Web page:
However, that all changed yesterday as four gunmen took a group of tourists hostage and began shooting at security forces5. There aren’t a lot of details other than the fact that the resolution took several hours. In the end, all four gunmen were killed, but so were seven police officers and three tourists, including a Canadian woman. The site is understandably closed this morning as Jordanian security officials try to piece together exactly what happened.
No one has claimed direct responsibility for the attack as of yet, but the Associated Press6 notes that violence against tourist areas in Jordan has increased with the rise of Islamic State terrorists in neighboring Iran and Syria.
Death of a Legend
The woman who likely coined the phrase, “famous for being famous,” Zsa Zsa Gabor, died yesterday at her home in Beverly Hills7. She was 99, just two months shy of her 100th birthday. Ms. Gabor was one of three sisters, born in Hungary, all of whom made their way to the United States in the 1940s. Eva came first, making a big splash on the big screen. Zsa Zsa came next and tried her hand at Hollywood as well, but turned out to not be the actress or singer that her sister was. Instead, Ms. Gabor became famous for simply being herself, a social icon who married often, flaunted her wealth, and sported a fierce temper.
Zsa Zsa Gabor was known for standing out at a time when most women were expected to be little more than decoration8. She not only spoke her mind, but she made sure people heard her when she spoke. Ms. Gabor has arguably been credited, or blamed, for creating the template for those like the Kim Kardashians or Paris Hiltons of the world who become famous without actually doing anything of value. In fact, Ms. Gabor was married for a time to Conrad Hilton, Paris Hilton’s great- grandfather.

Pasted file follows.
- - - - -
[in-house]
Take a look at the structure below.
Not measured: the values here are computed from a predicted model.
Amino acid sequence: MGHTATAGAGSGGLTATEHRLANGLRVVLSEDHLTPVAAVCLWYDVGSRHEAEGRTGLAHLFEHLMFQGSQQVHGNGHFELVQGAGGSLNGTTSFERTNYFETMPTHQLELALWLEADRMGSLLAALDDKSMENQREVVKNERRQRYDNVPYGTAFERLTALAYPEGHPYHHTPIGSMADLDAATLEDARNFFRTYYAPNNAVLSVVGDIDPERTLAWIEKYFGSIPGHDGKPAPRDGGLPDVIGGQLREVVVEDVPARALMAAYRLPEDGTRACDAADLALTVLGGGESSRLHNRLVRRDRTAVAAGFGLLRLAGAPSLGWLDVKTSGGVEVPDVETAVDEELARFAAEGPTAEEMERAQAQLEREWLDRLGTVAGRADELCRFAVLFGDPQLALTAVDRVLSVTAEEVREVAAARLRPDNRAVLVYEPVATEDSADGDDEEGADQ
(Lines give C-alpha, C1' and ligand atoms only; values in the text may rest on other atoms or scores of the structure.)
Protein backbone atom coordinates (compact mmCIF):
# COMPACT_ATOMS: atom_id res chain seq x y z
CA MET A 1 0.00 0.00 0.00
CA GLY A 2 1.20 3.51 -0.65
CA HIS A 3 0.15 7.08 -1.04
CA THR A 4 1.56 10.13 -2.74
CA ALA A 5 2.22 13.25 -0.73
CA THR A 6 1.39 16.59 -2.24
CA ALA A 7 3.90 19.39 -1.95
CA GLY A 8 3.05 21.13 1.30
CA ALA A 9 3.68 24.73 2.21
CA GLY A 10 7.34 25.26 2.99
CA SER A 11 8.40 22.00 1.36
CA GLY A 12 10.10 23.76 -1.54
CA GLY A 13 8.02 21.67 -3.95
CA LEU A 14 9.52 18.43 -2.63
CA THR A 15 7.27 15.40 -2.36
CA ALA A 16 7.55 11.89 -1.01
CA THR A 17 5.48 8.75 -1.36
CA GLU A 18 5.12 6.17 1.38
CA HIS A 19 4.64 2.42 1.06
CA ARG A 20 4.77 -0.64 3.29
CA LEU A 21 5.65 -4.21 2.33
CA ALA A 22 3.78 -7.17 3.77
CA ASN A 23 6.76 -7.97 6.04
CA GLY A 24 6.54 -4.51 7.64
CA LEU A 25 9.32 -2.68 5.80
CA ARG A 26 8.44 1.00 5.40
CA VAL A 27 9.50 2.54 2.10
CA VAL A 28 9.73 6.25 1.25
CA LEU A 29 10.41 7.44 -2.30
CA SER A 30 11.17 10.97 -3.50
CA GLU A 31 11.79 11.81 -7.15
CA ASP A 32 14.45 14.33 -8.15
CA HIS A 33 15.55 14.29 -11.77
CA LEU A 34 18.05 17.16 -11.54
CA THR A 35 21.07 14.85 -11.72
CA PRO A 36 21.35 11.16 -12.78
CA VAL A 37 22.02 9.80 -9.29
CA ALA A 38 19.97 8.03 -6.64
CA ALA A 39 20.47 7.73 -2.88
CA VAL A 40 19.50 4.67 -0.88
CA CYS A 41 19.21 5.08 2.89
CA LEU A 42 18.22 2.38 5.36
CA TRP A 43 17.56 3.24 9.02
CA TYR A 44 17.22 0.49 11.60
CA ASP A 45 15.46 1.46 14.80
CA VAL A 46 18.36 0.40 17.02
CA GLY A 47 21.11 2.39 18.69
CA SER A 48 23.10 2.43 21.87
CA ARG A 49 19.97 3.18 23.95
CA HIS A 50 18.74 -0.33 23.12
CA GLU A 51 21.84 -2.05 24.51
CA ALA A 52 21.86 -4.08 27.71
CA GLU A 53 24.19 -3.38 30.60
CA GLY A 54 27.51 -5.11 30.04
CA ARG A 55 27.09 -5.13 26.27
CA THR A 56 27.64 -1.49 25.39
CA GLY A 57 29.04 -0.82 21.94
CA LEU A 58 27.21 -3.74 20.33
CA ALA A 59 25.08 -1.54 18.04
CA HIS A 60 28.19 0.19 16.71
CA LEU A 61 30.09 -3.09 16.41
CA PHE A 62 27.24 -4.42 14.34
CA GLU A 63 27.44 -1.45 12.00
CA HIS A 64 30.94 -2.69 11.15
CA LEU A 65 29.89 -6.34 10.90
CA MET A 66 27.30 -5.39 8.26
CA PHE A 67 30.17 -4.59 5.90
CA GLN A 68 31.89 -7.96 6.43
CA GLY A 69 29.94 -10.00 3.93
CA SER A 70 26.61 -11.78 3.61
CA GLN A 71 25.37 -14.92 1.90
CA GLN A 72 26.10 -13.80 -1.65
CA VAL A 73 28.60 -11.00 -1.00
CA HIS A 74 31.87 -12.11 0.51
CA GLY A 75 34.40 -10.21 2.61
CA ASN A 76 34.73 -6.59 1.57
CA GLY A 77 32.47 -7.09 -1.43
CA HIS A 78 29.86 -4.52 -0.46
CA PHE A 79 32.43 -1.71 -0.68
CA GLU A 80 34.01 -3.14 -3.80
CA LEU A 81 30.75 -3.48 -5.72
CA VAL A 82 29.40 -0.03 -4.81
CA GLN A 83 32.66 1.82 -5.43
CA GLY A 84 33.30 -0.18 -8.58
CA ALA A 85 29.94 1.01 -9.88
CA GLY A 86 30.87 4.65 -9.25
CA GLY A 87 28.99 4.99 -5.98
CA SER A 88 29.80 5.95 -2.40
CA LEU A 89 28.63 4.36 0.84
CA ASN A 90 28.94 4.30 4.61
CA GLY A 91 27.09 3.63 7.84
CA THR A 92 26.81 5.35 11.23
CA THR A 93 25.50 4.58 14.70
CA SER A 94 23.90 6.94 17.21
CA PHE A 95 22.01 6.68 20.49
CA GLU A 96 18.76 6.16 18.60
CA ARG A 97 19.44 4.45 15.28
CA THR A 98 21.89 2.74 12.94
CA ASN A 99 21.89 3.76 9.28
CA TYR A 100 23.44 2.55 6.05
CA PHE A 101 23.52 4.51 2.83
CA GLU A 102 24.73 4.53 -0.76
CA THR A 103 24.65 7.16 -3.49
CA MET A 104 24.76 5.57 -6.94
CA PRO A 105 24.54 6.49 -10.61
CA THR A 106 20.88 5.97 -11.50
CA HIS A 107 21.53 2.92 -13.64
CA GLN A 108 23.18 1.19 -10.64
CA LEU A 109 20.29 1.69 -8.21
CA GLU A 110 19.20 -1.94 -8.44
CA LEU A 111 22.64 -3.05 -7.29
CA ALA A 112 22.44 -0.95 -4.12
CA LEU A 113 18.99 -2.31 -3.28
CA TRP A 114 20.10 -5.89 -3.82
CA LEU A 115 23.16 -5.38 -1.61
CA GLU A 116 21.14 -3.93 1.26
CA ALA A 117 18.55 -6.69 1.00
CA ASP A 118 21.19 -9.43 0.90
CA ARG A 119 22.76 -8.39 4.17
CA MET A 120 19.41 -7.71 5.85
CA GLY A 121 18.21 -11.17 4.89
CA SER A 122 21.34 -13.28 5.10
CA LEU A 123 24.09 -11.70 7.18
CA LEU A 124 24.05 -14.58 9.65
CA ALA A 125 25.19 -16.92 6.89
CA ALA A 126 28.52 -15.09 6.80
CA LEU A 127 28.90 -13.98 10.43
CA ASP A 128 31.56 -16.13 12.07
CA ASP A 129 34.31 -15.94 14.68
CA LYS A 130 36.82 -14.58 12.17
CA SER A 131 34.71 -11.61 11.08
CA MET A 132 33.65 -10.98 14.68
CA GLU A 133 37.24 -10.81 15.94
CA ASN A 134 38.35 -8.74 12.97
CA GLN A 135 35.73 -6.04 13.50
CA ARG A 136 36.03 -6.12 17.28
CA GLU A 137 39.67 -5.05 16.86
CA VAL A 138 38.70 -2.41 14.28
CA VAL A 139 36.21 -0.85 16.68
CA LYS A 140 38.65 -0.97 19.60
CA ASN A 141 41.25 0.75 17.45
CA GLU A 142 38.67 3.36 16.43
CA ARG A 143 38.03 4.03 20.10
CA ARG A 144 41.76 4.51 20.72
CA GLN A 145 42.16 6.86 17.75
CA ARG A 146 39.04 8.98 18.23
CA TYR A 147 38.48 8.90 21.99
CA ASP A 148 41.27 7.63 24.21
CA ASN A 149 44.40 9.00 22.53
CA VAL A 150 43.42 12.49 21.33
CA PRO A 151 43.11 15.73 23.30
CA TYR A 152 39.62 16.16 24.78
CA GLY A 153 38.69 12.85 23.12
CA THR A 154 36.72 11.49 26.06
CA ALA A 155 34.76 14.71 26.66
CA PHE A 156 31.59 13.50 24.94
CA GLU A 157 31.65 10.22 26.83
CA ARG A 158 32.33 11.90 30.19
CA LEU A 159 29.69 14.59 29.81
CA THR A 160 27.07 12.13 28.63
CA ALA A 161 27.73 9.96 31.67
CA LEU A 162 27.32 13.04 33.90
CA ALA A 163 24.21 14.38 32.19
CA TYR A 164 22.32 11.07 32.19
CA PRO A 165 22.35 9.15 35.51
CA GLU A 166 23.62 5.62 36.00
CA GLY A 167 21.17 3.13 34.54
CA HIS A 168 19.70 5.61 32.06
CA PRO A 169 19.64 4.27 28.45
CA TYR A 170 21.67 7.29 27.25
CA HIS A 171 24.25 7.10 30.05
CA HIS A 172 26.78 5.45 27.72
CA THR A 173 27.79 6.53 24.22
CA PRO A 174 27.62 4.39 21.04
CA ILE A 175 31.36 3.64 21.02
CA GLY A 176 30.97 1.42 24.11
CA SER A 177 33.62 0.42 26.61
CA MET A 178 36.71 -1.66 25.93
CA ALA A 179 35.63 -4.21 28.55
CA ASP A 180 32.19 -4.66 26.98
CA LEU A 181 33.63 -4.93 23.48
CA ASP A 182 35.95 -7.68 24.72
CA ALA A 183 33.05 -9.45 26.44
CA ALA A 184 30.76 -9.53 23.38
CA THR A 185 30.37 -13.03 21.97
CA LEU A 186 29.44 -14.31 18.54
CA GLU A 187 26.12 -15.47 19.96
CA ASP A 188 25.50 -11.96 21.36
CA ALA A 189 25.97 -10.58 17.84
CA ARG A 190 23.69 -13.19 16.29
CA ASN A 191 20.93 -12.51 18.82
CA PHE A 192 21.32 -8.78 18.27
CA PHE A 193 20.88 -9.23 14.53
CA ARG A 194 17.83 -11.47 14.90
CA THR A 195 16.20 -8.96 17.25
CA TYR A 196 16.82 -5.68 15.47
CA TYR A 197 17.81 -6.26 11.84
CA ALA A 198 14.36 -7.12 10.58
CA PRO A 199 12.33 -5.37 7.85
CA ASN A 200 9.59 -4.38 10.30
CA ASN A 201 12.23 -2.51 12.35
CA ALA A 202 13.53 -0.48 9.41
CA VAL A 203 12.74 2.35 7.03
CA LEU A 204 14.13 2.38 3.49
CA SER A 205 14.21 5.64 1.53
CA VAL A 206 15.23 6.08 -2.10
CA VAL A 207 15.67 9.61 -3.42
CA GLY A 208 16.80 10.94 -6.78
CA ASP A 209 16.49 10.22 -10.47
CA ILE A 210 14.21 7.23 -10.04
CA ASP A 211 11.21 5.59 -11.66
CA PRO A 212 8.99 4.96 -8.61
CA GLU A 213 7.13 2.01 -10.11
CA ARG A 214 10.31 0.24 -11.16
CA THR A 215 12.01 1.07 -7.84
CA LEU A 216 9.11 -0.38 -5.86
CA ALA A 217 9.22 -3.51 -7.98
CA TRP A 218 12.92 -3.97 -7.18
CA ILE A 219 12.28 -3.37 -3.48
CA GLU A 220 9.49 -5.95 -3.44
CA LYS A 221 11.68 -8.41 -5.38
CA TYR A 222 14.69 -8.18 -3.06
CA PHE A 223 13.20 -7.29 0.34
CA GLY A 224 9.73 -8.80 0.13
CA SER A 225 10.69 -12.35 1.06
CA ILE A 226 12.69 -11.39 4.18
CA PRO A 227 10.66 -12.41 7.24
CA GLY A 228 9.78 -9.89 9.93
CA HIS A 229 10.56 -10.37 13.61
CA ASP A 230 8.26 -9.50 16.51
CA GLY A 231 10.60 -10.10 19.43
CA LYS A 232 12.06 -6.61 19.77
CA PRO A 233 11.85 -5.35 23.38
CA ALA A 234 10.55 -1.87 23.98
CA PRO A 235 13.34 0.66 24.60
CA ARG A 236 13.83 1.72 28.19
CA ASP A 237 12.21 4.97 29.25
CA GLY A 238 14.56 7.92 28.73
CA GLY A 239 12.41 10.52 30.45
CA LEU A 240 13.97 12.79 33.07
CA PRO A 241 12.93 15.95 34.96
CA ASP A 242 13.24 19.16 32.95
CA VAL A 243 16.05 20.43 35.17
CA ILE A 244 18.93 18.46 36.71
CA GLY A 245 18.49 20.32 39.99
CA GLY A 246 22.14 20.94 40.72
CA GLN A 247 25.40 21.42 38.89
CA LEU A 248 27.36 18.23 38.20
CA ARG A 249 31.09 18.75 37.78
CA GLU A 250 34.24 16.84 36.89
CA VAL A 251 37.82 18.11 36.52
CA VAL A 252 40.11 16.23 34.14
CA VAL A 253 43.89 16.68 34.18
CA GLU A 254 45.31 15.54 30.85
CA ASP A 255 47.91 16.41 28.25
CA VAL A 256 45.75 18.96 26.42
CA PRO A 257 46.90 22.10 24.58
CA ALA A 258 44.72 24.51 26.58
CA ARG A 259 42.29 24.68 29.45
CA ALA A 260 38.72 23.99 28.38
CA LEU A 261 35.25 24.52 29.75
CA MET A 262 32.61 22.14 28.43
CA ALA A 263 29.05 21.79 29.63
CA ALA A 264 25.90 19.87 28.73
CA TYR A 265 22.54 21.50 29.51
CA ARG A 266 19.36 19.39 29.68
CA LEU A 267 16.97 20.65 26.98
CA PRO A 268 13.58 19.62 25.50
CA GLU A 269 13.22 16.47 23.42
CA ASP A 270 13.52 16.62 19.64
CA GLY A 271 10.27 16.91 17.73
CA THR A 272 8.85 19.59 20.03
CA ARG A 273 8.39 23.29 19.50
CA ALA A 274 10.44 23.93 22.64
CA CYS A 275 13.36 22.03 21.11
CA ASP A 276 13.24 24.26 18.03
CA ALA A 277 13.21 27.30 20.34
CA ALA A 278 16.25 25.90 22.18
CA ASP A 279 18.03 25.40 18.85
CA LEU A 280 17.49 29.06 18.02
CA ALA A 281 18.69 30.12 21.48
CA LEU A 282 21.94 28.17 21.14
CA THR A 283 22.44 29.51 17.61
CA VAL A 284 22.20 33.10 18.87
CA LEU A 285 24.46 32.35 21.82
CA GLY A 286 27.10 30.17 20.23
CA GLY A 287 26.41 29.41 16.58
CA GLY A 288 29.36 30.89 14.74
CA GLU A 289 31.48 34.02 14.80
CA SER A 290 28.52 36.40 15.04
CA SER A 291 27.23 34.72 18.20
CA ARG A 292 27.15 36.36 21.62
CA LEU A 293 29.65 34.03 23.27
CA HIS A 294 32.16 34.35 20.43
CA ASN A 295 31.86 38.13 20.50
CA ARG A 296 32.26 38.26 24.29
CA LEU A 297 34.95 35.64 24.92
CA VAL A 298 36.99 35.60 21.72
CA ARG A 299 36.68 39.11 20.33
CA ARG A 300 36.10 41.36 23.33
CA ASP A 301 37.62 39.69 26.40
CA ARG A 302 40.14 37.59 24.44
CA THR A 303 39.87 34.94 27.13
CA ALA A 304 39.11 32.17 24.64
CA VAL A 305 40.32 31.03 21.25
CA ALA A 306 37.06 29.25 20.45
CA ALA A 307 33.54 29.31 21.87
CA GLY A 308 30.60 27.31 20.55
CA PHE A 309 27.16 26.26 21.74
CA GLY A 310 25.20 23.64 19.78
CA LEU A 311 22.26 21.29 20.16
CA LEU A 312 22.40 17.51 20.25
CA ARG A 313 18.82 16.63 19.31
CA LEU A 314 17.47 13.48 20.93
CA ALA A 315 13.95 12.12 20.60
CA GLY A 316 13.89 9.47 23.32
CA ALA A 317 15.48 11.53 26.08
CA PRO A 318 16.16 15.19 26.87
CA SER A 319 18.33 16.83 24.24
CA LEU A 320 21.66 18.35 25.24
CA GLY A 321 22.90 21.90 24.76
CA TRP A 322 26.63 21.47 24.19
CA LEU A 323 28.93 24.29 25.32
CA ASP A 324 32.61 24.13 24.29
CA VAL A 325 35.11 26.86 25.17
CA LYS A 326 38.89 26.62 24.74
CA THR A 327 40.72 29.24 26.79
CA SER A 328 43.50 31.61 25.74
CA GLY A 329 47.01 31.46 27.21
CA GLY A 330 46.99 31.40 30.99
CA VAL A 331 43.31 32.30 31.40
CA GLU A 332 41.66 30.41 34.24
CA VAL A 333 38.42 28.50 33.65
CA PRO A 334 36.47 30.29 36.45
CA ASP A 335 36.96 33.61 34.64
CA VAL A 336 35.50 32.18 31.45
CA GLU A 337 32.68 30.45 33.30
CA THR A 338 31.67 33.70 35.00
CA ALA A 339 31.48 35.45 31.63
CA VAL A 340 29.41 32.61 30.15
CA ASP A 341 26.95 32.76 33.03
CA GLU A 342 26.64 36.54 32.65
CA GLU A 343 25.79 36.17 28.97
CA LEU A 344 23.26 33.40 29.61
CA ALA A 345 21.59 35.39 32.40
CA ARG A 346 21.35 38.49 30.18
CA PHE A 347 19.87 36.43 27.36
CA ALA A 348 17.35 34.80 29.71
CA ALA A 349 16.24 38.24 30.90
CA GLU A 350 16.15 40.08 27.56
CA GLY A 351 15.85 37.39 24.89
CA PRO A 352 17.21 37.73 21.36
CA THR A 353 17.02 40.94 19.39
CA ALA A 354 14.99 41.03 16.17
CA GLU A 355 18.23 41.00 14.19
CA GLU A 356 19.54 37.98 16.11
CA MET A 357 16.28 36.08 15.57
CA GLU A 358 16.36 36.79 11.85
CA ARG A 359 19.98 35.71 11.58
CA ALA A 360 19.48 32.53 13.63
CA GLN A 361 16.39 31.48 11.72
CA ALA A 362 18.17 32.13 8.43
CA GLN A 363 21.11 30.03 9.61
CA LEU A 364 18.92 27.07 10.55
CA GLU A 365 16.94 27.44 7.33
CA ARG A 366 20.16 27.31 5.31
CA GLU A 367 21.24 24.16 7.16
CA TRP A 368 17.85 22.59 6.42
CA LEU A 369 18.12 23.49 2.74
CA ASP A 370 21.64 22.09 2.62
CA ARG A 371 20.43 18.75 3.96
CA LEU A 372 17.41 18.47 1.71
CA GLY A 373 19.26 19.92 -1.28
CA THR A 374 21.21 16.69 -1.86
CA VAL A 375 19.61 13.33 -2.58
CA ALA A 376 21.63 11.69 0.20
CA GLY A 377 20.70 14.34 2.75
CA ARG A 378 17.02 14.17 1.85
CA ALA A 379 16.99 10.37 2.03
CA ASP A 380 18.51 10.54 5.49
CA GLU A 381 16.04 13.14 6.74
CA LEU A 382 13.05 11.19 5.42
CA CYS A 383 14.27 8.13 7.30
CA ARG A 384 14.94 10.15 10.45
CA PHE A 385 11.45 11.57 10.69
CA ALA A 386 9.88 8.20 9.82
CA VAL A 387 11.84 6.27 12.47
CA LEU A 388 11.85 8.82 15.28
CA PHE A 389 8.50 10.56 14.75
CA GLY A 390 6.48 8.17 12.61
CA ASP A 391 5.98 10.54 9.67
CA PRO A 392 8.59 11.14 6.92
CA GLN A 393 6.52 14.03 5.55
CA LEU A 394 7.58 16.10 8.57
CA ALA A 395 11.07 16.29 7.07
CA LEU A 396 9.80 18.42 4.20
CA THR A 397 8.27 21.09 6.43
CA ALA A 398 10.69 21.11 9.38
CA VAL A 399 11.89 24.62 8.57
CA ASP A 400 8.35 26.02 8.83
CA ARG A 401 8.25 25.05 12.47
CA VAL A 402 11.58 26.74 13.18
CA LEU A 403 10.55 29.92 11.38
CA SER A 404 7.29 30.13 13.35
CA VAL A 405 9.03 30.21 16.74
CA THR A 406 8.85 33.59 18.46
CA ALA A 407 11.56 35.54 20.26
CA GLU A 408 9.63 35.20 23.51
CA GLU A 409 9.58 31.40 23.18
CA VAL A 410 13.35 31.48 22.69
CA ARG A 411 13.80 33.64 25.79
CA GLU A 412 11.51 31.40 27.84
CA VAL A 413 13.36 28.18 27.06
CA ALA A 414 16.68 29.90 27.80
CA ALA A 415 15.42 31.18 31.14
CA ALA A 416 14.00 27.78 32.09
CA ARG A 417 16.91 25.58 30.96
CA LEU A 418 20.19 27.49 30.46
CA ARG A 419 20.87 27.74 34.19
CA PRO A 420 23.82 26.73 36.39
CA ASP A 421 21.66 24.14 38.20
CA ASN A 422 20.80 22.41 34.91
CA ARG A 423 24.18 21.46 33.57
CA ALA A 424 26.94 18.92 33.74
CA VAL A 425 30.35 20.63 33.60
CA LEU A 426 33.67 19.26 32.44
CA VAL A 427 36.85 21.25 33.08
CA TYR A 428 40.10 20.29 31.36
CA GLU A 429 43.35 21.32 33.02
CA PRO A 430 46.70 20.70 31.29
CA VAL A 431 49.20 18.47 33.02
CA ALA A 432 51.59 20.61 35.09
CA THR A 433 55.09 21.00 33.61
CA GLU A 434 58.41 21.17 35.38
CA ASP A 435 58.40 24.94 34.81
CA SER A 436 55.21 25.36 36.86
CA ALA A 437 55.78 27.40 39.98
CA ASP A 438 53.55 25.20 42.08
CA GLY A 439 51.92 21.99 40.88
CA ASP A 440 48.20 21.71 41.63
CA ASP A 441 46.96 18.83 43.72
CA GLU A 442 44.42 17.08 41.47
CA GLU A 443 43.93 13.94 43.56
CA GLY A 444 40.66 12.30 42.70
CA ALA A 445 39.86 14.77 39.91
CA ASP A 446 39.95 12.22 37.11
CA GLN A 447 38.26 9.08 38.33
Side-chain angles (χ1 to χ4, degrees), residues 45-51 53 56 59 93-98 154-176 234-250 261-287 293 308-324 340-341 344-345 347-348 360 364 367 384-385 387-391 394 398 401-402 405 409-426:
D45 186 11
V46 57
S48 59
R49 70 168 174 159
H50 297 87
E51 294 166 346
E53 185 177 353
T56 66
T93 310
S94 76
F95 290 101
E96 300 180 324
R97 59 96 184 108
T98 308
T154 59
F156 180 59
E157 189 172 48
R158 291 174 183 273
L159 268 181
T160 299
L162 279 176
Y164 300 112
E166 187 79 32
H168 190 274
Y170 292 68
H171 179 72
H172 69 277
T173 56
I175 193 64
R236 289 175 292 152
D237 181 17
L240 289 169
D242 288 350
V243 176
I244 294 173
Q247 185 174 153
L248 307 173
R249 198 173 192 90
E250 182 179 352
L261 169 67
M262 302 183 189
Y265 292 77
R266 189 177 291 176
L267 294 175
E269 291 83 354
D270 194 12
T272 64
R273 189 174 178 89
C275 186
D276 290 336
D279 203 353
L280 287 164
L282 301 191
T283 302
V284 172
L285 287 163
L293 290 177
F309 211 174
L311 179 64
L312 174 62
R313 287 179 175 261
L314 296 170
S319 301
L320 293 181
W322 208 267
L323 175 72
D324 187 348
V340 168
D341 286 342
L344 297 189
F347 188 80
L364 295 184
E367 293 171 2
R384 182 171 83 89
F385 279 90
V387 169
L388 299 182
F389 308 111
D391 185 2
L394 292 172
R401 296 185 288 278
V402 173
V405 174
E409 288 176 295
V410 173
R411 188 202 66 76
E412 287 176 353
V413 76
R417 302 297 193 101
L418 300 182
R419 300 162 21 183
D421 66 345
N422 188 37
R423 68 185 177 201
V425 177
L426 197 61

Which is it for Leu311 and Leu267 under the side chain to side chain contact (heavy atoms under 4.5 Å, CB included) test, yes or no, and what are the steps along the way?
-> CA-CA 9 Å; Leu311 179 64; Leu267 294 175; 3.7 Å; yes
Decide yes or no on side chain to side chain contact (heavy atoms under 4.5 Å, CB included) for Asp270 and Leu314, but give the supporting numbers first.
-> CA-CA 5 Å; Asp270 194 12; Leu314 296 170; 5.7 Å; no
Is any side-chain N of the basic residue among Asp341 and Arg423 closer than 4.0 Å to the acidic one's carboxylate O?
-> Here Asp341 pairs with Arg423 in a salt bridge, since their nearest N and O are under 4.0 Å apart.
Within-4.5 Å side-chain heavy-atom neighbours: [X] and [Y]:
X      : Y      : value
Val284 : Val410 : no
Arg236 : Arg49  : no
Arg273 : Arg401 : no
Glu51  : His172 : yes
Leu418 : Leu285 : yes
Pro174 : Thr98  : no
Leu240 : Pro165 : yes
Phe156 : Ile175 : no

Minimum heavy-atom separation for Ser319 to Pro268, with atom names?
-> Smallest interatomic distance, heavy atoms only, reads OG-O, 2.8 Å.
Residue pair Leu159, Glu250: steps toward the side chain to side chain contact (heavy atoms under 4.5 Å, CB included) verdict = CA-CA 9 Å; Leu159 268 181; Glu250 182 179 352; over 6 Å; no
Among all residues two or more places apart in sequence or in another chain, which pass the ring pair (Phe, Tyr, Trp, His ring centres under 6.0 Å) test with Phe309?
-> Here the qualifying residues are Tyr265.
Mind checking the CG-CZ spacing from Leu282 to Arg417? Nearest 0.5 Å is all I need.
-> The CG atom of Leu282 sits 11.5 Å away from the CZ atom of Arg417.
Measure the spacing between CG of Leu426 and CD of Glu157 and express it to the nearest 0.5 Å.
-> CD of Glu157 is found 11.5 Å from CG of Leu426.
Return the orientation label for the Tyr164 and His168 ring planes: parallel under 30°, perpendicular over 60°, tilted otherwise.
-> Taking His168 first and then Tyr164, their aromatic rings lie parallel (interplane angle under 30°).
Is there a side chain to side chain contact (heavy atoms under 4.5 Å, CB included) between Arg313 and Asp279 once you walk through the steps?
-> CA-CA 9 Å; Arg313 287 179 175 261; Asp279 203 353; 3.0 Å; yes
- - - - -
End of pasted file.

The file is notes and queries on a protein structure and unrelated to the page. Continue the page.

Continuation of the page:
Ultimately, though, age took its toll. Ms. Gabor has spent the past five years in her Beverly Hills mansion9, suffering from dementia, stroke, and complications from hip replacement surgery, being fed through tubes. In the end, she might not have known who nor how famous she was, but the rest of the world does and remembers her fondly.
And finally …
There is one piece of good news this morning, as National Geographic Magazine revealed that a nine-year-old transgender girl, Avery Jackson of Kansas City, will be on the cover of the magazine’s January issue. Miss Jackson is the first transgender person to grace the cover of the storied magazine and does so as National Geographic devotes an entire issue to changing opinions about gender both in terms of science and public perception.
Robin Marantz Henig writes in the magazine that we are surrounded by “evolving notions about what it means to be a woman or a man and the meanings of transgender, cisgender, gender nonconforming, genderqueer, agender, or any of the more than 50 terms Facebook offers users for their profiles. At the same time, scientists are uncovering new complexities in the biological understanding of sex. Many of us learned in high school biology that sex chromosomes determine a baby’s sex, full stop: XX means it’s a girl; XY means it’s a boy. But on occasion, XX and XY don’t tell the whole story.”
While there has been some criticism, Susan Goldberg, editor-in-chief for National Geographic, says in defense of the issue, “Today, we’re not only talking about gender roles for boys and girls—we’re talking about our evolving understanding of people on the gender spectrum.”
Personally, we applaud National Geographic for taking such a visible stand on gender issues and especially for giving trans people this level of visibility. Hopefully, this facilitates positive conversations and a greater level of understanding.
That’s all we have time to talk about this morning. I’m sure there will be plenty happening today and we’ll do our best to stay on top of everything and bring you the five most important stories you need to know again tomorrow. Thank you for subscribing. By all means, stay warm. Good day.